In the end, all of those children died, along with all but nine of the Davidian adults, who managed to escape the fire that engulfed the entire complex during that final attack. Naturally, the survivors were tried for the murders of the ‘revenooers’ who stormed their home with guns blazing, even though the odds are about even that the indiscriminate shooting of the agents from behind the trailers was the cause of their deaths; even if not, the Davidians certainly have the right to defend their lives and the lives of their families − including with lethal force, if necessary − against people trying to kill them, even if those people happen to be government agents. The government's so-called investigation of the entire debacle, headed by Special Counsel John C. Danforth,10 was nothing but a cover-up, coming to the conclusion that “The government of the United States and its agents are not responsible for the April 19, 1993, tragedy at Waco.” Lynch's characterization of Danforth's investigation was that it was “soft and incomplete. Danforth's sweeping exoneration of federal officials is not supported by the factual record.”11

Kent State was little more than testing the water compared to the tragedy at Waco, which showed us to what lengths the United States government is willing to go in its collection of taxes. And if its willing to use tanks against innocent children in its pursuit of revenue, can anyone doubt that it would do that and more against those who would protest its policies and practices, or even more important, its claim of legitimacy to rule over the rest of us? As Patrick Henry said, “I know of no way to judge the future but by the past. ” The United States certainly has no moral high ground to stand on in condemning Syria for its response to protesters there, no matter how egregious. First, we better take the log out of our own eye.


Not to be confused with the “Patriot Day” by which September 11 is now designated by Public Law 107-89, enacted on December 18, 2001.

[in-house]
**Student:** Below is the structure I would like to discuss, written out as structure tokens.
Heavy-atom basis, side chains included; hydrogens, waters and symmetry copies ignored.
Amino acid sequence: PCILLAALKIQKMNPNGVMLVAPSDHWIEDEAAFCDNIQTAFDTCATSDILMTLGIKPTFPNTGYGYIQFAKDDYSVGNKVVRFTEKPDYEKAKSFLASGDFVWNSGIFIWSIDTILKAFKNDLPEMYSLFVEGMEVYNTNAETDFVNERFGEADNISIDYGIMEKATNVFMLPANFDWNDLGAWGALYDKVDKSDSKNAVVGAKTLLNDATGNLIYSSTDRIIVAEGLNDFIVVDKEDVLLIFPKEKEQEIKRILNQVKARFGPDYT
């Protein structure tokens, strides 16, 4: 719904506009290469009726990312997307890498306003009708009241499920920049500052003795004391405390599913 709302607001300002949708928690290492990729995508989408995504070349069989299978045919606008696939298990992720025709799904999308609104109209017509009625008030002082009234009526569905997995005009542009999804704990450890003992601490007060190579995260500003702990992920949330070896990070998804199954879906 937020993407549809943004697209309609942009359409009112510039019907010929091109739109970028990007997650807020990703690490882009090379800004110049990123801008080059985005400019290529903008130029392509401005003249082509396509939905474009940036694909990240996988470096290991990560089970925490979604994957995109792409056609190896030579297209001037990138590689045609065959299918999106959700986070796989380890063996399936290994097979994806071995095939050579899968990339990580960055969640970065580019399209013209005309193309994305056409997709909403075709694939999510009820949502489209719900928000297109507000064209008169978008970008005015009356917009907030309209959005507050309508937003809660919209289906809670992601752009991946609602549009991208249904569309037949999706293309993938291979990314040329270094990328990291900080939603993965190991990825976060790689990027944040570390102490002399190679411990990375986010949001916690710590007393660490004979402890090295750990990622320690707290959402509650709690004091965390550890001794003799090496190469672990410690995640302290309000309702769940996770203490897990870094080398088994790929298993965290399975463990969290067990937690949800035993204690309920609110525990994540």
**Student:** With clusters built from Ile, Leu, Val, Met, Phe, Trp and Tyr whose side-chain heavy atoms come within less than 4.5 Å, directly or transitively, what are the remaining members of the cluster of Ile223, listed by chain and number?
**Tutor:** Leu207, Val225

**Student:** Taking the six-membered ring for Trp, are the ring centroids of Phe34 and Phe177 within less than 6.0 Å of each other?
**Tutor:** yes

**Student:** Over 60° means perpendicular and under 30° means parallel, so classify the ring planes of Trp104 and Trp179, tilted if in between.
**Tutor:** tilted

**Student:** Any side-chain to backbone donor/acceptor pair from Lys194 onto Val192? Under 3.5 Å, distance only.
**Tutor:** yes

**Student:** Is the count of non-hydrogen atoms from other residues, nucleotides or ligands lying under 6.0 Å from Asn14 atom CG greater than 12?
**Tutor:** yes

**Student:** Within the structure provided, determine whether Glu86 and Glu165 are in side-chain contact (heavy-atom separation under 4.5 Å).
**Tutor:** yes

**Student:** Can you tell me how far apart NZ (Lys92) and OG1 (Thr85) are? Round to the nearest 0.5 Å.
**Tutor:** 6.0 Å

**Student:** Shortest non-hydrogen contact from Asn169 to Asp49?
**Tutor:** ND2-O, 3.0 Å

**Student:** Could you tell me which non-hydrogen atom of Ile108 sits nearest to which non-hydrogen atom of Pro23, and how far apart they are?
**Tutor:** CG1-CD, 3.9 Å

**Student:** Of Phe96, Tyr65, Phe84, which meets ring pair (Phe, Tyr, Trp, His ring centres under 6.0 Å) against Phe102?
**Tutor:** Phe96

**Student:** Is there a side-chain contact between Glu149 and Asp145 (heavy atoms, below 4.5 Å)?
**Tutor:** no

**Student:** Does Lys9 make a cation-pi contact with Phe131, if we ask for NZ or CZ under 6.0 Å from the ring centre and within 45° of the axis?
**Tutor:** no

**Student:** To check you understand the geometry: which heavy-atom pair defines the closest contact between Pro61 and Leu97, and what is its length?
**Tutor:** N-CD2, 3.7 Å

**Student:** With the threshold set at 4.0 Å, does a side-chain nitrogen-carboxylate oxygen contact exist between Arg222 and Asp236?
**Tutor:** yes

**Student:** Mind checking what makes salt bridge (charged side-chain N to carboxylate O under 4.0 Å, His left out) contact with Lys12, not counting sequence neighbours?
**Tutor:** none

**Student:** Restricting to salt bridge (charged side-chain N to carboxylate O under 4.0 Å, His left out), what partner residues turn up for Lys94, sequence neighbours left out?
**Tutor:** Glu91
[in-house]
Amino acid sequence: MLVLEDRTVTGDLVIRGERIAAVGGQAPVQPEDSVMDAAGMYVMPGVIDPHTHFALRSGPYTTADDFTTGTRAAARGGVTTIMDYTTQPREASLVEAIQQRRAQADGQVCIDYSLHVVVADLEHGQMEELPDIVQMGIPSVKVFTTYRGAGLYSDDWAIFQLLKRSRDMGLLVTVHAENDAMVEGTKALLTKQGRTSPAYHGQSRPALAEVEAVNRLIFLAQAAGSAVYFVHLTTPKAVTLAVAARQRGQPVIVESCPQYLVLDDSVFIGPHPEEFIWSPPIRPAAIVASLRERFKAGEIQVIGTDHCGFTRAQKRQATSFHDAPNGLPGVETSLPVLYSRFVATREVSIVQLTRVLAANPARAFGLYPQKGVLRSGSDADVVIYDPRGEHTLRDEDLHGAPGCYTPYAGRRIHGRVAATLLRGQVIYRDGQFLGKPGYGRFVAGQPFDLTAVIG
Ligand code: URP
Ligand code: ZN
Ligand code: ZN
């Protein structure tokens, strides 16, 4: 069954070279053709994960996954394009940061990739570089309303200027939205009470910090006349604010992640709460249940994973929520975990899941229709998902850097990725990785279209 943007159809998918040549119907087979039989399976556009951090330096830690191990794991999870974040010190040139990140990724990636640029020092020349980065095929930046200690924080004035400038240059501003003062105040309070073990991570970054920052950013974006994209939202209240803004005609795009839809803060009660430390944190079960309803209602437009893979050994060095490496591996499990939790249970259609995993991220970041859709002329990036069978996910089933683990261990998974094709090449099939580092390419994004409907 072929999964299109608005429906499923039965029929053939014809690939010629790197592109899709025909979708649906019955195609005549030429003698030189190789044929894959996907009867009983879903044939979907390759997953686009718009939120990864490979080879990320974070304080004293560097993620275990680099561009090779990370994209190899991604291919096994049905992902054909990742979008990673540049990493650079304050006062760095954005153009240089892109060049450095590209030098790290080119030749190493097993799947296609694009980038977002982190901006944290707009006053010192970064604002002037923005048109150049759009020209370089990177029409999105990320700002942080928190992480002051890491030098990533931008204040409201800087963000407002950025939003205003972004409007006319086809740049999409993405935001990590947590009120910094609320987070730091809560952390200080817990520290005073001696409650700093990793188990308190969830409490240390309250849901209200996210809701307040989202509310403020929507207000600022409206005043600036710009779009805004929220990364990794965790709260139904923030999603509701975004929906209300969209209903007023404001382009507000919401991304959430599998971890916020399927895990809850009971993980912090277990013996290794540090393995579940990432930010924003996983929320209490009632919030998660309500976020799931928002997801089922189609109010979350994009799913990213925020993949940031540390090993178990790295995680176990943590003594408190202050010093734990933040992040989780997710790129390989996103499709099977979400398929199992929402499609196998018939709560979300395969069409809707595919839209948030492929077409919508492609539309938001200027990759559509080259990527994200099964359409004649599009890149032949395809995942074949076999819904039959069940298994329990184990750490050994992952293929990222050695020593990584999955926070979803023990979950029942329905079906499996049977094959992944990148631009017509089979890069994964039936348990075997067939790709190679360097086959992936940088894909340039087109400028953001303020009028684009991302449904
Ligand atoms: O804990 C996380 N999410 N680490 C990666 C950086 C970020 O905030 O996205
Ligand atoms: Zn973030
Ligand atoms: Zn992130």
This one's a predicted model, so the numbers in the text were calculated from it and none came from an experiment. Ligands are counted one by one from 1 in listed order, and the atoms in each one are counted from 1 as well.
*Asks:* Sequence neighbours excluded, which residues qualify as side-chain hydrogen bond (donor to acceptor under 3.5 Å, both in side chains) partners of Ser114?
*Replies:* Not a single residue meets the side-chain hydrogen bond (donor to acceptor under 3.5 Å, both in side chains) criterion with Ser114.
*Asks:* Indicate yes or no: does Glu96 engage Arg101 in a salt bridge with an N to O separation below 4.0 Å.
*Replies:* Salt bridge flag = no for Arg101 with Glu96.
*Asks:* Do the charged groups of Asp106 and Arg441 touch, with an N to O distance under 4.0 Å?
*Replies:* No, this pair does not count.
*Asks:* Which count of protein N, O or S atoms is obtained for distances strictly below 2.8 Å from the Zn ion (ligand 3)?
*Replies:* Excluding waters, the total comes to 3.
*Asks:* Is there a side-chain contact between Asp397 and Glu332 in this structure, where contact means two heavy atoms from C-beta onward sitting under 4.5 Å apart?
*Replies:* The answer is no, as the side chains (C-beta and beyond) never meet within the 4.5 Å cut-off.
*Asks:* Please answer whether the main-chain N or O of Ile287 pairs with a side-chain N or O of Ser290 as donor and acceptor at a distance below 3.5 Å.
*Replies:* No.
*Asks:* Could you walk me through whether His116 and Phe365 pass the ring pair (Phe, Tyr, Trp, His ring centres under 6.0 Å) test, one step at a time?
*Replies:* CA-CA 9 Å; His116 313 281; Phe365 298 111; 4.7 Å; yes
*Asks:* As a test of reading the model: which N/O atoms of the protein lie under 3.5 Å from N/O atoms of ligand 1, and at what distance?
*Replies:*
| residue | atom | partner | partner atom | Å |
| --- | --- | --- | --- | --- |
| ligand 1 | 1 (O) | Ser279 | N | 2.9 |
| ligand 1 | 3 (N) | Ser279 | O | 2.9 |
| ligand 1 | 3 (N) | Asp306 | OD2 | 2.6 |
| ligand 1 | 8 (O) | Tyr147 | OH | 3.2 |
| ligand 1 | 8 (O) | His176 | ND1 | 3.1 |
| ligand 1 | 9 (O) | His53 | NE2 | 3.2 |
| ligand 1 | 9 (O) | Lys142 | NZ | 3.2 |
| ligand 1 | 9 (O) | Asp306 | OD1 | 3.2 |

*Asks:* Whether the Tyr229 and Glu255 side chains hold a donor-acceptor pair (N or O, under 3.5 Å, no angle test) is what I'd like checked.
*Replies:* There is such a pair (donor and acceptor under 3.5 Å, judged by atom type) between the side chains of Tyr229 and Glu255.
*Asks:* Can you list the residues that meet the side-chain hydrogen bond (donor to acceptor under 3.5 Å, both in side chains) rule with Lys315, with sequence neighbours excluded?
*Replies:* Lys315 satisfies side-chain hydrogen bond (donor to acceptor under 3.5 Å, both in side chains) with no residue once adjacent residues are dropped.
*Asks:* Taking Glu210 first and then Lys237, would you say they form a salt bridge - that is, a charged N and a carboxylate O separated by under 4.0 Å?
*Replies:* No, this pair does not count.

The conclusion of ATF agent Davy Aguilera's affidavit in support of the warrant stated: “I believe that Vernon Howell, aka David Koresh and/or his followers who reside at the compound known locally as the Mt. Carmel Center are unlawfully manufacturing and possessing machine guns and explosive devices.” It should be noted that Congress, in its report titled “Activities of Federal Law Enforcement Agencies Toward the Branch Davidians (104th Cong. 2nd Sess., Report 104-749 (August 2, 1996) had this to say about Aguilera's affidavit: “The affidavit included misleading and factually inaccurate statements, contained substantial irrelevant and confusing information, and failed to properly qualify witnesses' testimony when obviously called for based on their backgrounds. Consequently, the affidavit gave the appearance that the ATF was not going to let questionable facts or evidence stand in the way of moving forward on their timetable.” (Section II.e of report)

“Destructive devices” (rather than “explosive devices”) is the term used in I.R.C.§5845(a)(8), which provides the definitions for Chapter 53 of the Internal Revenue Code. Machine guns and destructive devices, as well as sawed-off shotguns, silencers, etc. all fall within the term “firearm” as used in that chapter.

With the Homeland Security Act (Pub.L. 107-296), enacted November 25, 2002, the BATF was transferred into the Justice Department, while the tax collection functions were left in the Treasury Department.

>ISBN 0-16-042025-3

See A Brief History of Federal Firearms Enforcement, Appendix G, page G-4.

According to the testimony of Henry McMahon − a Texas firearms dealer who had business dealings with Koresh − when ATF investigators were questioning McMahon, he telephoned Koresh, who invited the ATF to Mt. Carmel to inspect his inventory and paperwork, an invitation that the ATF declined. See No Confidence: An Unofficial Account of the Waco Incident, by Timothy Lynch; page 2 – http://www.cato.org/pubs/pas/pa395.pdf Lynch's article is extensively sourced, and I highly recommend it.

See, for example, Waco: Rules of Engagement, http://www.waco93.com/

No Confidence, page 14, note 1.

10  Final report to the Deputy Attorney General concerning the 1993 confrontation at the Mt. Carmel Complex, Waco Texas

11  No Confidence, pg. 14.